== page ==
If one wants to discern what spot a team occupies without checking the standings, a usually accurate measurement is to check that team’s record in one-run games.
One run, of course, is the slimmest of margins, so much can happen one way or another to determine who wins and who loses.
»RELATED: Reds on pace for worst batting average in team history
And, yes, luck sometimes plays a part. Nevertheless, over the distance the good teams win the majority of their one-run games and the bad teams lose them.
Enter, stage right, the Cincinnati Reds. Before they took the field Wednesday night to face the Chicago Cubs, the Reds owned the worst one-run record in the majors — 6 wins, 13 losses. And it is no better in two-run decisions — 3 wins, 6 losses.
Meanwhile, acrosss the diamond, the first place Cubs, a team that is 10-2 in May, is 7-4 in one-run games.
As night fell over Great American Ball Park Wednesday, the Reds were 8 1/2 games behind the Cubs and another major reason is that the Reds have been helpless against their National League Central brethren. They are 3-12 against NLC teams while the Cubs are 9-4.
What does all this mean to rookie Reds manager David Bell, a guy who realizes he and his team have to figure out how to win close games if they wish to compete?
“You always wonder how to look at that (one-run games),” said Bell. “You look at it as a positive in that we’re playing really good games. Our pitching has been outstanding and our defense has been good. We’ve played good games but it is a motivation to find ways to get better (to win those games).
“You have to win those games,” he said. “You can look at our record and say, ‘That’s the difference.’ So it’s good, but it has to be motivational, continue to try to find ways to get better.”
ALONG THOSE LINES, Bell continues to see a pile of hits behind the closed door that is Joey Votto these days.
Whether Bell bases his optimism on Votto’s past history or on a wing and a prayer, he continues to talk up his staggering star.
Votto is hitting .207, an ugly number, but only seven points below the team’s .214 batting average. And Votto probably should be yelling, “May Day, May Day,” because he is hitting .130 in May with a .259 on-base average. For the season he has struck out 39 times and walked only 21 times in 164 plate appearances.
This is not your older brother’s Joey Votto. This is a 35-year-old facsimile of what he once was, a player whose home run production has disappeared over the last two years.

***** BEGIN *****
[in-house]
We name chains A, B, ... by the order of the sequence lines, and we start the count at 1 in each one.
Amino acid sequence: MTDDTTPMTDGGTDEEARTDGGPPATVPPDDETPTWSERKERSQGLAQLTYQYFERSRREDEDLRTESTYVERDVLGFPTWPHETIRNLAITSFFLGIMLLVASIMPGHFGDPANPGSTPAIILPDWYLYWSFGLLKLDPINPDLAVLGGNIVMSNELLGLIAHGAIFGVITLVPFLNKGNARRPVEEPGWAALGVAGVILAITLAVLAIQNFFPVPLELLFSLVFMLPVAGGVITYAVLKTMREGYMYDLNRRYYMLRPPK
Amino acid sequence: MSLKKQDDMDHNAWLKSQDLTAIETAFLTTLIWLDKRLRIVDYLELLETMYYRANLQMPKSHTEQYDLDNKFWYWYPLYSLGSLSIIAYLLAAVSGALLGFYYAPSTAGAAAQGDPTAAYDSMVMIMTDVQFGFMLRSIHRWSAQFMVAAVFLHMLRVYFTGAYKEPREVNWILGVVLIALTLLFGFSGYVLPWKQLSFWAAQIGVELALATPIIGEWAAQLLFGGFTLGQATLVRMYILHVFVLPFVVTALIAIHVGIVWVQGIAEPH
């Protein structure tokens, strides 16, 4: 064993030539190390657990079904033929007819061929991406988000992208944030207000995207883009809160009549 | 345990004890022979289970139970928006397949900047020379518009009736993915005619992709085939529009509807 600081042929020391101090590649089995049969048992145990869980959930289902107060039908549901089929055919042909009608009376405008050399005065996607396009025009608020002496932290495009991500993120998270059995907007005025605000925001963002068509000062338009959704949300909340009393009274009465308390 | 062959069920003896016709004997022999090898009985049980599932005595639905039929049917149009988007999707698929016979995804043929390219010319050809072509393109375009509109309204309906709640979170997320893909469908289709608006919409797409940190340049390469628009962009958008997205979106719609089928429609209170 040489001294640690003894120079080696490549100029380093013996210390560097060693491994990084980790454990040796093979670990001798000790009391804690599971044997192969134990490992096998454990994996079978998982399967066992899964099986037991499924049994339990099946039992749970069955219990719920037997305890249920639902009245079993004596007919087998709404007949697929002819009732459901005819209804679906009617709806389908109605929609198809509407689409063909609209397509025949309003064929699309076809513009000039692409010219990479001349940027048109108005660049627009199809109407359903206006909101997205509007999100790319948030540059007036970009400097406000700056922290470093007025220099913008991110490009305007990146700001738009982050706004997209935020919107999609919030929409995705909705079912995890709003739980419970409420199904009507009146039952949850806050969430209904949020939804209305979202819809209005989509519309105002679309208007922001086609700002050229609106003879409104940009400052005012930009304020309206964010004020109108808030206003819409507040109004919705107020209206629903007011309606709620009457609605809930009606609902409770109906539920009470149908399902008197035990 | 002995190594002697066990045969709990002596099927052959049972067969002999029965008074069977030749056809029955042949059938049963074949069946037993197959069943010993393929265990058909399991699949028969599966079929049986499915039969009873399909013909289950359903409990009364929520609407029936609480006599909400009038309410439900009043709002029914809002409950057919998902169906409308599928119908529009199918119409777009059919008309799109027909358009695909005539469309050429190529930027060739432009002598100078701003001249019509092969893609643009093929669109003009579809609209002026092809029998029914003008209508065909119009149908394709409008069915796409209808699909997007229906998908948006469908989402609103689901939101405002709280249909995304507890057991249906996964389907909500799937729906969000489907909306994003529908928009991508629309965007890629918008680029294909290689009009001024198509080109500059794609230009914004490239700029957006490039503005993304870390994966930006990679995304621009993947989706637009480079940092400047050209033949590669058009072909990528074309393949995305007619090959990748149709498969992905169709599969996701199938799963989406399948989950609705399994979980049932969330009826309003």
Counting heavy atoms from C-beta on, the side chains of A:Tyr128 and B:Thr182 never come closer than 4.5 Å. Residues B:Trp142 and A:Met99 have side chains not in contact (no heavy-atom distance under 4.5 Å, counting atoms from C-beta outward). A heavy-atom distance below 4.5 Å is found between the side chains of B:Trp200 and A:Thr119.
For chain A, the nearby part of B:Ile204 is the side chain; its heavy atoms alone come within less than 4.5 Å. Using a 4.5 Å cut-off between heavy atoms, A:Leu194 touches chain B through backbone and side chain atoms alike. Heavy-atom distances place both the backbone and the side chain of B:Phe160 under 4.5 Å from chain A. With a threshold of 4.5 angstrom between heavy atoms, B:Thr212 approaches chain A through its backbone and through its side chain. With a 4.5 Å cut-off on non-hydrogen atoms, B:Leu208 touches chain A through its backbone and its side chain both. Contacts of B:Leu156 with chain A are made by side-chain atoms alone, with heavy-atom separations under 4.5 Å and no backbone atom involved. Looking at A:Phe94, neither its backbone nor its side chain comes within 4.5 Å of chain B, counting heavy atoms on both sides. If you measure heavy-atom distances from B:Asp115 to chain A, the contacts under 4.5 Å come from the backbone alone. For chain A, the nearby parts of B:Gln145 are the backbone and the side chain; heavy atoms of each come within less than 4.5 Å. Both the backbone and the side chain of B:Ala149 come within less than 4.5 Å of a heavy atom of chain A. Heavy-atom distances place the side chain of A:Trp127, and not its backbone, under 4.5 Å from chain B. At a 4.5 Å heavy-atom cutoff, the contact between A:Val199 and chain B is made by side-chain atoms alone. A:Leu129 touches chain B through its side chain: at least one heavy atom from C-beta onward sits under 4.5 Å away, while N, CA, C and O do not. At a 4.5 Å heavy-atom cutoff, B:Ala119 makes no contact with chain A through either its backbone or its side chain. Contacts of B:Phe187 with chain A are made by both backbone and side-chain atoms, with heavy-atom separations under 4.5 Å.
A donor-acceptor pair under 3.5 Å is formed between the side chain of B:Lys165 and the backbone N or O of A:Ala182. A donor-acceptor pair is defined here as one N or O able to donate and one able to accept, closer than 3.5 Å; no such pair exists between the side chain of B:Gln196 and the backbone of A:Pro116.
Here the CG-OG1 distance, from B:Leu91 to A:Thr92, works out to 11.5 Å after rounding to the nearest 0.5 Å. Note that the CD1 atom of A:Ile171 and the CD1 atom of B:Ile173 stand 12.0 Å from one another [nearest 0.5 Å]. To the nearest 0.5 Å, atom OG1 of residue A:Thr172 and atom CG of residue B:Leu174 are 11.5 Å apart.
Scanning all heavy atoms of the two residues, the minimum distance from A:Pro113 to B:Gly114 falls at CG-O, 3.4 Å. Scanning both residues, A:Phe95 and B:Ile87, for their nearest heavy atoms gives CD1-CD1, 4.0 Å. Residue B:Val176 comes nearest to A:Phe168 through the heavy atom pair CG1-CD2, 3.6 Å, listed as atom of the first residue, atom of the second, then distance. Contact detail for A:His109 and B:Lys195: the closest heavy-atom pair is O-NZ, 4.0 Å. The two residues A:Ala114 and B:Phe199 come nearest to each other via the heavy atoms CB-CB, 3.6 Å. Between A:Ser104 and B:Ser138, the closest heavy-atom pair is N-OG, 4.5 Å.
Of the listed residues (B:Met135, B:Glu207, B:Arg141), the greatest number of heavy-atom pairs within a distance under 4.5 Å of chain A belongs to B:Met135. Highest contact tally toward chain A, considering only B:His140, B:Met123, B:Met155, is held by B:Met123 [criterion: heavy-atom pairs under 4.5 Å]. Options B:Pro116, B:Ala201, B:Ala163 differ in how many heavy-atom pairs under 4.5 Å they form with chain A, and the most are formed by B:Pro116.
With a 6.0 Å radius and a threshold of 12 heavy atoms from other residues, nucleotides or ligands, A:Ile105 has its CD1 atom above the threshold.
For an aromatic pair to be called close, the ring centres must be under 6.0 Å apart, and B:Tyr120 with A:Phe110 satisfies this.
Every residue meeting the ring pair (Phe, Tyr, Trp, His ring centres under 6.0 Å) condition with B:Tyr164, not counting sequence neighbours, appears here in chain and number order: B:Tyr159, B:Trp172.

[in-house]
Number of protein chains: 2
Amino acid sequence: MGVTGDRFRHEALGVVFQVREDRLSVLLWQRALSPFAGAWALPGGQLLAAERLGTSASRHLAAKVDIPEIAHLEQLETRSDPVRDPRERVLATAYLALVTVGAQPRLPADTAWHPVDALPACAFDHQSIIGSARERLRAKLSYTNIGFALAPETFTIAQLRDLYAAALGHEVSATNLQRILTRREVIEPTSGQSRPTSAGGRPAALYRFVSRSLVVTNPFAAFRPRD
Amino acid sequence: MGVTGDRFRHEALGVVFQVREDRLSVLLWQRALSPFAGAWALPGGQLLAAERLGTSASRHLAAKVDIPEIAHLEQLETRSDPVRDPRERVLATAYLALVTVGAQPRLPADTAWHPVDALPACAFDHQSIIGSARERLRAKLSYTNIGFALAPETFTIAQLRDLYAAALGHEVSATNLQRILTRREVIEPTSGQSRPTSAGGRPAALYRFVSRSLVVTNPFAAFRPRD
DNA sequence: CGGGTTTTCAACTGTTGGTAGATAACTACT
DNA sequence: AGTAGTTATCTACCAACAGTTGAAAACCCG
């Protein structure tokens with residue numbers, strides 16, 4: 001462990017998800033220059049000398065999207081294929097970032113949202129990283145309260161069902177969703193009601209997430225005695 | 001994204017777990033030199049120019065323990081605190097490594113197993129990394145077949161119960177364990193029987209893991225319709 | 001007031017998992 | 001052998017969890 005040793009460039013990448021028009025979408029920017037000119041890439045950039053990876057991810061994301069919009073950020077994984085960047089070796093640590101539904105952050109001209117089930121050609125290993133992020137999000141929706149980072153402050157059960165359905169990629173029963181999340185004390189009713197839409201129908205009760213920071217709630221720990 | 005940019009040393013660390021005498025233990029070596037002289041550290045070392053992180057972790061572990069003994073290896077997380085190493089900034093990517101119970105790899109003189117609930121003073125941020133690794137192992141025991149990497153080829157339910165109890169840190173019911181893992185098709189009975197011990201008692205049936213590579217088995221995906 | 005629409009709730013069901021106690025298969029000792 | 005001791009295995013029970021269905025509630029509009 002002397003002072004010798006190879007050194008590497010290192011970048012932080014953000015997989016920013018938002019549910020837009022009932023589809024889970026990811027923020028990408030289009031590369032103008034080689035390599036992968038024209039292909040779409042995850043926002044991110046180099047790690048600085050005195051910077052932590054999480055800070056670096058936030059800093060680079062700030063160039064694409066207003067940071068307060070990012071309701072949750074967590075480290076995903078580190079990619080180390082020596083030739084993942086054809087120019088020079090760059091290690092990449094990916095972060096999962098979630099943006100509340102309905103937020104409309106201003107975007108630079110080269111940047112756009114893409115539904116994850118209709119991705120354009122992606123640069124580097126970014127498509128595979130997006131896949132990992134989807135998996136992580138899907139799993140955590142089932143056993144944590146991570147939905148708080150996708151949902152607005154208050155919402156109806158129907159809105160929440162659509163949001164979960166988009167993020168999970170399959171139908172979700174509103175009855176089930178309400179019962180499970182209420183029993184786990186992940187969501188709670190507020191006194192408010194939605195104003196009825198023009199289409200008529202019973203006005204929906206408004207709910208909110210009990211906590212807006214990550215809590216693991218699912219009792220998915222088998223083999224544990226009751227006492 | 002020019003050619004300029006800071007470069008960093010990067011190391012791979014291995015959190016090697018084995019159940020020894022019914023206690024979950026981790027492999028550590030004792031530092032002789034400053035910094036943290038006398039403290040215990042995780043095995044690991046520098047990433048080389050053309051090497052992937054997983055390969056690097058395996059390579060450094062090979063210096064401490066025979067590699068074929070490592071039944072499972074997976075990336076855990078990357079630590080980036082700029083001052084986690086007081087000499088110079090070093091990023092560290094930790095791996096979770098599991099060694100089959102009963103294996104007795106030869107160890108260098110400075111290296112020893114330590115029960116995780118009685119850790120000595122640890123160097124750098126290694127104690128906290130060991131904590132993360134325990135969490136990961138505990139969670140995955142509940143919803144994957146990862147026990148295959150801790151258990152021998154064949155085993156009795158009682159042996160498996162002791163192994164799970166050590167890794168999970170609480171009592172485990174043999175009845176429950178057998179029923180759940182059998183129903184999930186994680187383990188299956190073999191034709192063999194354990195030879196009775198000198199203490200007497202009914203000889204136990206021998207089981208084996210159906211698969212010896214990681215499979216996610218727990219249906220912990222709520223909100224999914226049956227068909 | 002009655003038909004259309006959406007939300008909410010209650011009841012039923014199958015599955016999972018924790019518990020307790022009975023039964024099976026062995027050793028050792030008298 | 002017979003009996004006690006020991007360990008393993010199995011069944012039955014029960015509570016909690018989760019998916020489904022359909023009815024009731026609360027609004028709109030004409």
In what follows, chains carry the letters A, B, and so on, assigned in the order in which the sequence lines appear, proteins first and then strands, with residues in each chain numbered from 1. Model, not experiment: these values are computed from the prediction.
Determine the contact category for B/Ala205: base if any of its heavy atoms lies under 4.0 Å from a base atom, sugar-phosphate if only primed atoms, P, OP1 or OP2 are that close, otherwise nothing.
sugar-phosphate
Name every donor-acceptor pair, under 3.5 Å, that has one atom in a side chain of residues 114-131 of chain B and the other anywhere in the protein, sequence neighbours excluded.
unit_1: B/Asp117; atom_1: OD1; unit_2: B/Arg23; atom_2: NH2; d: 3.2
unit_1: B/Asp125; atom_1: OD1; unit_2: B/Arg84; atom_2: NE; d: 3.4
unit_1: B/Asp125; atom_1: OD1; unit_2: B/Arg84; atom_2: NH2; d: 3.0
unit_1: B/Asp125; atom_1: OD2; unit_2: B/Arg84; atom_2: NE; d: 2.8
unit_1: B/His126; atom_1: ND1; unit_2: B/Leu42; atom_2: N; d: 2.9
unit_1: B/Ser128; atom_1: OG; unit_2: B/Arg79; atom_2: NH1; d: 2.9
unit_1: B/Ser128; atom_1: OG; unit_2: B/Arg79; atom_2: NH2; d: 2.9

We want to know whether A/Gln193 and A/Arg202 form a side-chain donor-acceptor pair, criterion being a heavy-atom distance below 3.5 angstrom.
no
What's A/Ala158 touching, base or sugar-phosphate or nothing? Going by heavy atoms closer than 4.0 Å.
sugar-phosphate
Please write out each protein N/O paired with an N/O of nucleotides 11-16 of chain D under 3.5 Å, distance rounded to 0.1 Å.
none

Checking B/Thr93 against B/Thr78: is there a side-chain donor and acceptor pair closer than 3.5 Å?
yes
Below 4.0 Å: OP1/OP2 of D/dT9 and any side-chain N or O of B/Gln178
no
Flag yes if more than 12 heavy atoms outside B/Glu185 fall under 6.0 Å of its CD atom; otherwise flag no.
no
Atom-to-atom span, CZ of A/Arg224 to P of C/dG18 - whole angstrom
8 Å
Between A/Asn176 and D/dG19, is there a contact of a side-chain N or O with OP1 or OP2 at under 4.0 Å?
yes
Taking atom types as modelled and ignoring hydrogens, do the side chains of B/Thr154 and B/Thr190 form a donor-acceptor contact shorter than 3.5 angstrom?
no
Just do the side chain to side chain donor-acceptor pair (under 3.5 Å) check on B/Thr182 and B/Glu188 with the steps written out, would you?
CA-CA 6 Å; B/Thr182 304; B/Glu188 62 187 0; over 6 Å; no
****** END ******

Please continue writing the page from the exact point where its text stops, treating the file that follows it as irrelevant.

What Bell and Votto supporters cling to is 2016. During that season Votto batted .213 with two homers and 20 RBI in April and May. Then the final four months he batted .378 with 20 home runs and 67 RBI.
Can he do that again? It was three years ago and time marches on, especially in mid-30s baseball bodies.
Bell, though, consistently says he sees positive signs from Votto in the batter’s box and Votto saysw he feels comfortable and that his swing is there.
“The problems he has had is never from a lack of work,” said Bell. “For anybody at this level work is not the issue. Sometimes you wonder if it is too much.
“In Joey’s case he has such a good understanding of what he needs to do, so the work load and the work ethic is as fine-tuned as one can get it.”
Bell would like to see the focus removed from individual slumps, and the Reds are Team Slump, and concentrate on things that lead to victories.
“When we get to where we really need to be we will eliminate the focus on individual results and really put our energy towards winning,” he said. “When you realize what it takes to win games, it really takes a lot of pressure off. That’s easier said than done. Each of our guys want to win and they know by hitting they will contribute. But that also puts extra pressure on themselves. Once you zero in on what it takes to win, it makes it all more enjoyable.”
PITCHER ALEX WOOD (remember him wearing a Los Angeles Dodgers uniform but unseen yet in a Reds uniform?) is scheduled to begin a throwing program next week, if he survives the weekend.
This will be the third time since spring training he began throwing, only to have his back act up and shut him down.
“There is a pretty good chance he will begin a throwing program next week, but that’s not 100 per cent,” said Bell. “We’ll see how he does between now and Monday.”
Bell is offering no prediction as to when Wood might actually pitch a game for the Reds, but if all goes well with his throwing program, it probably will take until after the All-Star break to get up to speed to pitch in a game that means something.
About the Author